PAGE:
Dangling pointers and wild pointers in computer programming are pointers that do not point to a valid object of the appropriate type, or to a distinguished null pointer value in languages which support this. Dangling pointers arise when an object is deleted or de-allocated, without modifying the value of the pointer, so that the pointer still points to the memory location of the de-allocated memory. As the system may reallocate the previously freed memory to another process, if the original program then dereferences the (now) dangling pointer, unpredictable behavior may result, as the memory may now contain completely different data. This is especially the case if the program writes data to memory pointed by a dangling pointer, as silent corruption of unrelated data may result, leading to subtle bugs that can be extremely difficult to find, or general protection faults (Windows). If the overwritten data is bookkeeping data used by the system's memory allocator, the corruption can cause system instabilities. Wild pointers arise when a pointer is used prior to initialization to some known state, which is possible in some programming languages. They show the same erratic behavior as dangling pointers, though they are less likely to stay undetected.
Cause of dangling pointers
In many languages (particularly the C programming language, which assumes the programmer will take care of all design issues, and hence do not include many of the checks that are present in higher-level languages), deleting an object from memory explicitly or by destroying the stack frame on return does not alter any associated pointers. The pointer still points to the location in memory where the object or data was, even though the object or data has since been deleted and the memory may now be used for other purposes, creating a dangling pointer.
A straightforward example is shown below:
char *cp = NULL;
/* ... */
cp = &c;
} /* The memory location, which c was occupying, is released here */
/* cp here is now a dangling pointer */
In the above, one solution to avoid the dangling pointer is to make cp a null pointer after the inner block is exited, or to otherwise guarantee that cp won't be used again without further initialization in the code which follows.
Another frequent source of creating dangling pointers is a jumbled combination of malloc () and free () library calls. In such a case, a pointer becomes dangling when the block of memory it points to is freed. As with the previous example, one way to avoid this is to make sure to set the pointer back to null after freeing the memory, as demonstrated below:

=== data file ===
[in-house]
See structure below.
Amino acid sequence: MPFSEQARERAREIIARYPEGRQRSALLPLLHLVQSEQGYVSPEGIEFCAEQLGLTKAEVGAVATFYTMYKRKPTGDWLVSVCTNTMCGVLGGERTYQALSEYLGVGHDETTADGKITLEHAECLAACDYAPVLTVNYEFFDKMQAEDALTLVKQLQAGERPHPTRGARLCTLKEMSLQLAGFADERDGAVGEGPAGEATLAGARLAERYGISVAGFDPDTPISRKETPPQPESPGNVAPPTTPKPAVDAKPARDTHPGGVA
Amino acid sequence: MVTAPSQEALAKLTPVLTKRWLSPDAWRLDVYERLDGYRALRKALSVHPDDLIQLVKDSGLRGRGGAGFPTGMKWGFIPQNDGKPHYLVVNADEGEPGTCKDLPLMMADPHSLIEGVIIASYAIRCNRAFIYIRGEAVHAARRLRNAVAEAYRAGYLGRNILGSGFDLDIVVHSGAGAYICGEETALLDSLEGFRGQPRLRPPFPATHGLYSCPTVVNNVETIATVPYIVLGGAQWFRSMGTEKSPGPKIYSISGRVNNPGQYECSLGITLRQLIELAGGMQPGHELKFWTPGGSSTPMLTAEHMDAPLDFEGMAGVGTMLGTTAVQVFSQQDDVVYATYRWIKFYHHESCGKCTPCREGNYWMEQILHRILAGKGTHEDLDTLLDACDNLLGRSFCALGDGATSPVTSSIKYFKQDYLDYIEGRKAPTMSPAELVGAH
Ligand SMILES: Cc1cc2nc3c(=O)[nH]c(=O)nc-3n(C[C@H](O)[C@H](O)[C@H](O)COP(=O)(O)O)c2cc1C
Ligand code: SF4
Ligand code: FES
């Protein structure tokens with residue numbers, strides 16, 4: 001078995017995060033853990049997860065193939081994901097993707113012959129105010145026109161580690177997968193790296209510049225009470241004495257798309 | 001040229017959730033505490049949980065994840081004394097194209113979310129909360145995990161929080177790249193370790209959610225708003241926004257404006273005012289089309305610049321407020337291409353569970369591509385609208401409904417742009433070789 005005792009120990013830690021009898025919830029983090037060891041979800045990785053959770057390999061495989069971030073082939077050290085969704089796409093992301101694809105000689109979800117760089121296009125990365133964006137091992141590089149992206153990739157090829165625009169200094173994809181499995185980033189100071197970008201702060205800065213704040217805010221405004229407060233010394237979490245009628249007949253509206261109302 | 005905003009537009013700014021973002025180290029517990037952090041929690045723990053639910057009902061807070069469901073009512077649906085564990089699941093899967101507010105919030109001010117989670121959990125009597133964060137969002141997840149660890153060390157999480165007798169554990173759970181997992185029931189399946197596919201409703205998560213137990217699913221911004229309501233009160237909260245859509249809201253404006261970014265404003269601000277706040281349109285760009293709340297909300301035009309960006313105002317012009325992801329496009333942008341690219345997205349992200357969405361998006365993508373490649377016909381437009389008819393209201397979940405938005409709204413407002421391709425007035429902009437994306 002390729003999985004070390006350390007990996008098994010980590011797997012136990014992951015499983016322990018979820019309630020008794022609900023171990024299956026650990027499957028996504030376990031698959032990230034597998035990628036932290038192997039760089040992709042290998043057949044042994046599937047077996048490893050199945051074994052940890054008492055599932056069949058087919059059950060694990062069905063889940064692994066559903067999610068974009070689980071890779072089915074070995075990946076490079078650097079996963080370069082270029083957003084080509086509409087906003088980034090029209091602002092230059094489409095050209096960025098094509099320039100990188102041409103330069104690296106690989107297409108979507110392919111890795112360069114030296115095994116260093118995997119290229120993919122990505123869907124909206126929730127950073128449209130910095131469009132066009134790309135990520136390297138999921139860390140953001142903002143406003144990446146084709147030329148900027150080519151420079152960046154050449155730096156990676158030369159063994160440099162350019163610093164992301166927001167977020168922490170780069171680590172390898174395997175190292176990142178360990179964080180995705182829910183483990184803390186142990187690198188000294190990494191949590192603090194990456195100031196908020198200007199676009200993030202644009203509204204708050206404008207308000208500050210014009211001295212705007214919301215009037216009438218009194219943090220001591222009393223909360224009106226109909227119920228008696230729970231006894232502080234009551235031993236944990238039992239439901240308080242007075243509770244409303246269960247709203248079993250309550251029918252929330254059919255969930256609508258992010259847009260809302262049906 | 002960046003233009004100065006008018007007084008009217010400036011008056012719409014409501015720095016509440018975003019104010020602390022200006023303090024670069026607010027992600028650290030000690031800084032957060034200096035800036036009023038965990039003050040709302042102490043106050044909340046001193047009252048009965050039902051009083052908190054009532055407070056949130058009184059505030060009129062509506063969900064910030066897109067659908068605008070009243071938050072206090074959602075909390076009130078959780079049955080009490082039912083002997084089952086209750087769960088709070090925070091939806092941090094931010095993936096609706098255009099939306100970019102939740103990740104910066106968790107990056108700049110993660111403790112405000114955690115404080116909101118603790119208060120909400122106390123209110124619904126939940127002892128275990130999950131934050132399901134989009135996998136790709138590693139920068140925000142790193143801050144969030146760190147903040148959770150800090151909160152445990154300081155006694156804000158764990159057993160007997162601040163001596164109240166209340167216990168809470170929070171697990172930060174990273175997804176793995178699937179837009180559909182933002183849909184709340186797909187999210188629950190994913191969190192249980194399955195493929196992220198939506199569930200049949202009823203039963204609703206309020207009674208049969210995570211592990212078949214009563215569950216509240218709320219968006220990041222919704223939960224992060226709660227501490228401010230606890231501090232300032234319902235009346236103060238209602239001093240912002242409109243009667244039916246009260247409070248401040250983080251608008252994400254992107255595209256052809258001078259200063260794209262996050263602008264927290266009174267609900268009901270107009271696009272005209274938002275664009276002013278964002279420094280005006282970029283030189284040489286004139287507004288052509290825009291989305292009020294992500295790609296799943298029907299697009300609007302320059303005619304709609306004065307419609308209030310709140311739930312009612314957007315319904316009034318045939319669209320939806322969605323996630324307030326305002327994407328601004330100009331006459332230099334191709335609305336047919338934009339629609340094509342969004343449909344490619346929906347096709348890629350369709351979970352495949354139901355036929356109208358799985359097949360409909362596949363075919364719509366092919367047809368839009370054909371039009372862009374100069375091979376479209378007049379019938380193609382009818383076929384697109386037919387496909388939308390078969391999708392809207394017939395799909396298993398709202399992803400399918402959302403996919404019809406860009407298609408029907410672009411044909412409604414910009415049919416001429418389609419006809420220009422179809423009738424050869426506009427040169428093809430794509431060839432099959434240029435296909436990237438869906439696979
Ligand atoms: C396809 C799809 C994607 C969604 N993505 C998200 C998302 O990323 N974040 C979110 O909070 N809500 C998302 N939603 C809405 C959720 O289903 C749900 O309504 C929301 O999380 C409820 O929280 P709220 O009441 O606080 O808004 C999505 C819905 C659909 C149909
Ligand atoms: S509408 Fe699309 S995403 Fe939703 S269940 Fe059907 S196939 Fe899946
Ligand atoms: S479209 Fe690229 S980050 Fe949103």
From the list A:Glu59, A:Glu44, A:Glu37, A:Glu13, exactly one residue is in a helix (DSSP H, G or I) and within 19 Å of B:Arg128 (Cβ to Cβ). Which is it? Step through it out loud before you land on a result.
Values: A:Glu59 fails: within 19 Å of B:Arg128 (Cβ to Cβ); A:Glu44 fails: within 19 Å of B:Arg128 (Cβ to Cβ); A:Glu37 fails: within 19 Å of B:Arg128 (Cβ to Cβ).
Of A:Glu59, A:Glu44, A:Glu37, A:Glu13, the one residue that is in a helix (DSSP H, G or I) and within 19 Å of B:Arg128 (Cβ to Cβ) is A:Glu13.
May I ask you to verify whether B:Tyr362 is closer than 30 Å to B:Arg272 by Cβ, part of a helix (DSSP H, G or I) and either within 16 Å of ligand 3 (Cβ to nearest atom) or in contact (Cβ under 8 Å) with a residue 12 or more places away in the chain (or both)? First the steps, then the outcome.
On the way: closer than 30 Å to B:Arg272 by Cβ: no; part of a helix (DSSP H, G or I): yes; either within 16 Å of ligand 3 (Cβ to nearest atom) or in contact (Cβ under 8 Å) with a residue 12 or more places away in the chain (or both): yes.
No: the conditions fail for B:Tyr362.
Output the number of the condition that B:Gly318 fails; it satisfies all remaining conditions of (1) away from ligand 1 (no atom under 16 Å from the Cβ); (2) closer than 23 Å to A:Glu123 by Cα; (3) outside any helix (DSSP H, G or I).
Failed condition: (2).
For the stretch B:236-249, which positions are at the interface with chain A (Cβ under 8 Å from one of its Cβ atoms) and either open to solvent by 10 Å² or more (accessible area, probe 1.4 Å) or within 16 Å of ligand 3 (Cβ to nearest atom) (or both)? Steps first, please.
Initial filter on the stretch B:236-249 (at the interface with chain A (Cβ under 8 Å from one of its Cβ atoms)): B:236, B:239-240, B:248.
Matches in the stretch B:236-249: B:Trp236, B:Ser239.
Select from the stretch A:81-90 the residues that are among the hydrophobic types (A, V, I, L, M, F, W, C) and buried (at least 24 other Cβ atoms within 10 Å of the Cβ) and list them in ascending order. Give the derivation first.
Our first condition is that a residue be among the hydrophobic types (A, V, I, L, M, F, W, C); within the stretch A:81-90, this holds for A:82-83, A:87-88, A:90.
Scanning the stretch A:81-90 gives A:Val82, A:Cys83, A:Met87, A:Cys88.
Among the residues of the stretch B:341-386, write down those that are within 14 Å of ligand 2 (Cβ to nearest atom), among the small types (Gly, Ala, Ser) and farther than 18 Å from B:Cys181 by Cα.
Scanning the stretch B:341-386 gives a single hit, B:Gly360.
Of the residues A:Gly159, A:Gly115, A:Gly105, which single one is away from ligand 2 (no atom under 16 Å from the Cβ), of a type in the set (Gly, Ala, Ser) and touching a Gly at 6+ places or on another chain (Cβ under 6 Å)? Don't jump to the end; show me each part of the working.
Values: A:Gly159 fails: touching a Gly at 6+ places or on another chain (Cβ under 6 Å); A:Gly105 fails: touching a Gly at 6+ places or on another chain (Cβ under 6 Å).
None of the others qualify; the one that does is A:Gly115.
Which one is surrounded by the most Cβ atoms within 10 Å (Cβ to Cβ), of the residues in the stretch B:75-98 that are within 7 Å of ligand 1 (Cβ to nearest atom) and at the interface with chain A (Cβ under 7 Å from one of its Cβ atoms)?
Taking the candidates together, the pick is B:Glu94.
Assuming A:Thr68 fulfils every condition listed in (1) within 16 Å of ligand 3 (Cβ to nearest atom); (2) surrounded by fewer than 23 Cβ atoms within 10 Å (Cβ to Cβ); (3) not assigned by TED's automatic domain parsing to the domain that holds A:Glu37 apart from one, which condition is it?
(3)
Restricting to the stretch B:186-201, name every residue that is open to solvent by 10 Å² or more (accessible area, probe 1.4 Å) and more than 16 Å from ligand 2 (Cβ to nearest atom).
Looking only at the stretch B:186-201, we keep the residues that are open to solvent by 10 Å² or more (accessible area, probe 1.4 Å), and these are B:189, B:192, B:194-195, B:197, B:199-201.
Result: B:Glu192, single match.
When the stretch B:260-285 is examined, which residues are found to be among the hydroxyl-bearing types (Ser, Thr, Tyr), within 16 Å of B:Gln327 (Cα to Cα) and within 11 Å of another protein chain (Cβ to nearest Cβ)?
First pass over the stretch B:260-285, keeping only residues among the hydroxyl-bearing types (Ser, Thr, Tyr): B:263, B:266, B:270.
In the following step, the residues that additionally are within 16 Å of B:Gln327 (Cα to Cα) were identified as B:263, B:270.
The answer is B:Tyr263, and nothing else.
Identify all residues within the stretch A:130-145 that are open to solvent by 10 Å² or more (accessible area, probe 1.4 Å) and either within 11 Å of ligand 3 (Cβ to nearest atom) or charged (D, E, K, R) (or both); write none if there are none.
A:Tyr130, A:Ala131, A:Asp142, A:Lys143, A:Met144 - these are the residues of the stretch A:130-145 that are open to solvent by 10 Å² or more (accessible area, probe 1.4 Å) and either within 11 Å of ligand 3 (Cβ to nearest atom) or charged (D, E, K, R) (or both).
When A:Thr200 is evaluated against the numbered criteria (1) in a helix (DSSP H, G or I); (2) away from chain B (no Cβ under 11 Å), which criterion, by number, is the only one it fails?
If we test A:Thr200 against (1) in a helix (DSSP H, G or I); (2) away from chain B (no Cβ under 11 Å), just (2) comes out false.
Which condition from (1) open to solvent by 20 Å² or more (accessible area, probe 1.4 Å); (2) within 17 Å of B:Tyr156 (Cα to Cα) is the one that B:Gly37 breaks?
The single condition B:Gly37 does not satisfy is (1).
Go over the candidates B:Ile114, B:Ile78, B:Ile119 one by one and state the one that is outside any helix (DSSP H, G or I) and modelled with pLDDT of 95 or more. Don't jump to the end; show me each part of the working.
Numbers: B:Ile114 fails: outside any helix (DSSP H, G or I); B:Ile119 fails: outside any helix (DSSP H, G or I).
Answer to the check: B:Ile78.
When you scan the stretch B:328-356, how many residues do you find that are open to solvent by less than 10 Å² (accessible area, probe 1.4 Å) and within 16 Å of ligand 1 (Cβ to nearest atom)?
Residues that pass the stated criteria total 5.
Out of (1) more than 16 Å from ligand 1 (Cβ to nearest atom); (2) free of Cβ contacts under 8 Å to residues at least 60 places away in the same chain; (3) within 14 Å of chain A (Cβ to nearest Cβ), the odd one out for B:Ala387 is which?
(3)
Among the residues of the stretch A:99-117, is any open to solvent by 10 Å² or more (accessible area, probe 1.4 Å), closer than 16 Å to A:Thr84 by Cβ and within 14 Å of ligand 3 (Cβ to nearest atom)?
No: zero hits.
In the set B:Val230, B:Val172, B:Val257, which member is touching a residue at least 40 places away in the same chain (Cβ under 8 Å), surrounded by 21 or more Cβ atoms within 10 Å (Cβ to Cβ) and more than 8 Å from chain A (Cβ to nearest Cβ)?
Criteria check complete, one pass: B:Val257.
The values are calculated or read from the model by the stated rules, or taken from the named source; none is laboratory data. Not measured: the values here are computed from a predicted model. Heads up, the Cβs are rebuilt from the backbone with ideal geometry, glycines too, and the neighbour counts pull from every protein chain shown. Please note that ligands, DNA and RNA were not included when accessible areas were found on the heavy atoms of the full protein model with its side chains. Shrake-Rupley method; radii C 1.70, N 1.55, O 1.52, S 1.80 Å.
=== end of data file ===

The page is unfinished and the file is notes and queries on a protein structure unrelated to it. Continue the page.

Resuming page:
char *cp = malloc ( A_CONST );
/* ... */
free ( cp ); /* cp now becomes a dangling pointer */
cp = NULL; /* cp is no longer dangling */
/* ... */
Lastly, a common programming misstep to create a dangling pointer is returning the address of a local variable. Since local variables are de-allocated when the function returns, any pointers that point to local variables will become dangling pointers once the stack frame is de-allocated.
char * func ( void )
char ca = "Pointers and Arrays - II";
/* ... */
If it is required to return the address of ca, it should be declared with the static storage specifier.
Wild pointers are created by omitting necessary initialization prior first use. Thus, strictly speaking, every pointer in programming languages which do not enforce initialization begins as a wild pointer.
This most often occurs due to jumping over the initialization, not by omitting it. Most compilers are able to warn about this.
Like buffer overflow bugs, dangling/wild pointer bugs are frequently security holes. For example, if the pointer is used to make a virtual function call, a different address (possibly pointing at exploit code) may be called due to the vtable pointer being overwritten. Alternatively, if the pointer is used for writing to memory, some other data structure may be corrupted. Even if the memory is only read once the pointer becomes dangling, it can lead to information leaks (if interesting data is put in the next structure allocated there) or privilege escalation (if the now-invalid memory is used in security checks).
A popular technique to avoid dangling pointers is to use smart pointers. A smart pointer typically uses reference counting to reclaim objects. Some other techniques include the tombstones method and the locks-and-keys method.
One alternative is to use the DieHard memory allocator, which virtually eliminates dangling pointer errors, as well as a variety of other memory errors (like invalid and double frees).
In languages like Java, dangling pointers cannot occur because there is no mechanism to explicitly de-allocate memory. Rather, the garbage collector may de-allocate memory, but only when the object is no longer reachable from any references.
To expose dangling pointer errors, one common programming technique is to set pointers to the null pointer or to an invalid address once the storage they point to has been released. When the null pointer is dereferences (in most languages) the program will immediately terminate — there is no potential for data corruption or unpredictable behavior. This makes the underlying programming mistake easier to find and resolve. This technique does not help when there are multiple copies of the pointer.
Some debuggers will automatically overwrite and destroy data that has been freed, usually with a specific pattern, such as 0xdeadbeef (Microsoft's Visual C/C++ debugger, for example, uses 0xCC, 0xCD or 0xDD depending on what has been freed). This usually prevents the data from being reused by making it useless and also very prominent (the pattern serves to show the programmer that the memory has already been freed).